In case you missed it, Ducati boss Claudio Domenicali recently announced the company will be putting an electric motorcycle into production sooner rather than later. If you must know, his exact words were, “The future is electric and we’re not far from beginning production of the series.” He was speaking during the podium celebrations for a student-run racing series in which the Ducati-supported University of Bologna’s UniBo rookie team took third in the electric class.
As expected, this set the moto industry ablaze, as 2019 already appears to be the year of the electric motorcycle, with Harley-Davidson hyping the LiveWire and two concepts, Energica supplying machines for the inaugural MotoE series, Zero hyping an all-new platform next month, and even Lightning Motorcycles announcing a $13,000 e-superbike later this year. Of course, all we know is what Domenicali’s said above, which leaves so many questions on the table. But since we don’t know what’s in store for an e-Ducati, let’s use this chance to make our own predictions about what an e-Ducati could be like, shall we? I’ll start, but be sure to leave your predictions in the comments section below.
A Ducati doesn’t leave the factory unless it looks the part (yes, even the 999), and there’s no way an electric Ducati won’t look attractive. Unless the kids at the University of Bologna know something we don’t, there’s no getting around the fact a battery box is just that – a box. This means Ducati designers can get to work drawing up sexy fairings and bodywork that will hide the ugly battery. Motors, however, come in a few different shapes and sizes, and the design team could choose to leave on display the mechanical beauty of transferring electricity to forward motion, similar to clear windows displaying the bevel gears or dry clutches of yore. A single-sided swingarm seems obvious, too. Maybe we’ll see an e-916, perhaps?
Just as a Ducati is known for its appearance, a Ducati is also known for its performance – especially its race track performance – and I predict the e-Ducati will be track worthy. There have been photos floating around the interwebs of a Ducati Hypermotard with battery and drivetrain from a Zero. Despite the fact Zeros are air-cooled, for the e-Ducati to have any sort of track chops, it will have to feature liquid-cooling for both motor and battery. Just as with ICE vehicles, heat is the enemy of performance. Liquid-cooling adds more complexity, but the tradeoff in sustained performance could be worth it.
When it comes to straight-line performance, Lightning Motorcycles has the e-bike world covered with the LS-218 – and it’s fairly competent at getting around a racetrack, too. Ducati’s never been about drag racing, so I can’t imagine the electric Ducati going for 218-plus mph runs at Bonneville. In that sense, it will take a magic combination and balance between power and weight to come up with a motorcycle that can circulate a track quickly, not weigh too much, and still have enough juice to do a handful of laps (eight is a good starting point). With the current status of electric propulsion in mind, it’s hard to imagine the e-Ducati being head-and-shoulders above the other players. Unless, of course, Ducati is hiding some revolutionary battery tech between the walls at Borgo Panigale. I doubt it.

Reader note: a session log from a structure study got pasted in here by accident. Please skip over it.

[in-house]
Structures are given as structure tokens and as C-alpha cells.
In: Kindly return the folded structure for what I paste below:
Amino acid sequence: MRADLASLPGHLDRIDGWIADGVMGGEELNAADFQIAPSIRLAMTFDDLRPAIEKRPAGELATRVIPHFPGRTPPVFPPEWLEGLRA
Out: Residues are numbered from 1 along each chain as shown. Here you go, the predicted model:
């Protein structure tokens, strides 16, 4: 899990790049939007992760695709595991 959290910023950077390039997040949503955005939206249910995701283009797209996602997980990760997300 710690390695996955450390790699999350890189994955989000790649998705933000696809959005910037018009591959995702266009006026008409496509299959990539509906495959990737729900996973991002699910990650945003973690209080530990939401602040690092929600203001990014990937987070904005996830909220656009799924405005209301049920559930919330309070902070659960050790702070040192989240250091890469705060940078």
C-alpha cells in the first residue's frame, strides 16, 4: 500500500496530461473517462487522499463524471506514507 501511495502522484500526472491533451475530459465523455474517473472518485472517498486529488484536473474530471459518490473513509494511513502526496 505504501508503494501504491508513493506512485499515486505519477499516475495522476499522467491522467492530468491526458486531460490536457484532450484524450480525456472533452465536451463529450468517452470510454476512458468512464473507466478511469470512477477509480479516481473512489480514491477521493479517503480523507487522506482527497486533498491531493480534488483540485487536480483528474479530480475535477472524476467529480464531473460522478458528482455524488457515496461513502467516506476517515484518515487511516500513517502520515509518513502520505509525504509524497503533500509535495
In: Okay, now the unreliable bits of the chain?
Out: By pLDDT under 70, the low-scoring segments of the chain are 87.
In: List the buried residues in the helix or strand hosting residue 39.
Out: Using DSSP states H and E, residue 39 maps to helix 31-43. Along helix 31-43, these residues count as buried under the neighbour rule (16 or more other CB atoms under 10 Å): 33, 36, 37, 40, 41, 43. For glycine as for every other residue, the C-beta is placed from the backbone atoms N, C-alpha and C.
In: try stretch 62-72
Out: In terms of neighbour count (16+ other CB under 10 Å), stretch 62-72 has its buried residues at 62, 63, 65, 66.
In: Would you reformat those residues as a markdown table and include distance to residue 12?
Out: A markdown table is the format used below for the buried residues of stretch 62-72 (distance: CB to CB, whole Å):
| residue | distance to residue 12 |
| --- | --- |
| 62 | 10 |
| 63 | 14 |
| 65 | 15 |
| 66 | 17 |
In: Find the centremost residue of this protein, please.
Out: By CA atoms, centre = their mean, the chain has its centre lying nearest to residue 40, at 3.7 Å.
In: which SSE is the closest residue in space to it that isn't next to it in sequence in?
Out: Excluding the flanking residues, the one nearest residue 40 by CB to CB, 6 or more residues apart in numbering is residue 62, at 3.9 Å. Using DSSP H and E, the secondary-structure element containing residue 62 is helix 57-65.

Or there’s another way to view the e-Duc – as an entry to motorcycling/track riding instead of a flagship. Judging by the student pics from the University of Bologna, the modified motorcycle they are riding looks about the size of a Moto3 machine. If that’s the case, maybe this is the motorcycle to attract new or returning riders to Ducati, to riding, and maybe even to the track. If so, there won’t be an expectation to produce an electric Panigale V4 equivalent but, rather, something easy and inviting, while still uniquely Ducati. The restrictions currently present in electric technology won’t be as big of a hurdle, as present-day componentry exists to produce a sporty bike, and outright performance isn’t the goal.
No matter what, an electric Ducati is going to be heavy compared to an applicable ICE counterpart. Batteries, motors, and onboard chargers still haven’t gotten much lighter, and until they do, don’t expect two-stroke levels of lightness. It’s perhaps one of the biggest drawbacks to electrics, and again – unless these students, or Ducati’s own engineers, have something incredibly revolutionary up their sleeves – an e-Duc won’t be any different.
One area where Ducati could use its experience to outclass the rest of the field is in its user interface technology. The Panigale V4 and Multistrada 1260 have such clear and vibrant displays one could watch a movie on them. If the e-Duc is supposed to be high-tech and futuristic, the UI and UX will have to be next level. Head up displays, IoT-compatible to detect danger ahead and perform the necessary functions to avoid it, things like that. Hey, if we’re making wild predictions, why not aim high? But let’s nix tire pressure monitors. Those things are annoying and break all the time.
It’s no secret: Ducatis typically command a higher price than their competition. You know what’s also pricey? Electrics. Combine the two and you know what the result will be. Of course, Ducati can’t be foolish and price itself right out of the market, and you can be sure Ducati has its eyes on Harley’s LiveWire to see how it sells. The competition may be even steeper now, especially as models like the upcoming Lightning Strike promise impressive performance for a reasonable (starting) price of $13,000. If the Strike actually lives up to the hype, then that could put pressure on Ducati to deliver the goods without breaking the bank. At the end of the day though, Ducati still has a reputation to live up to, so I wouldn’t be surprised to see a price tag commensurate with that reputation.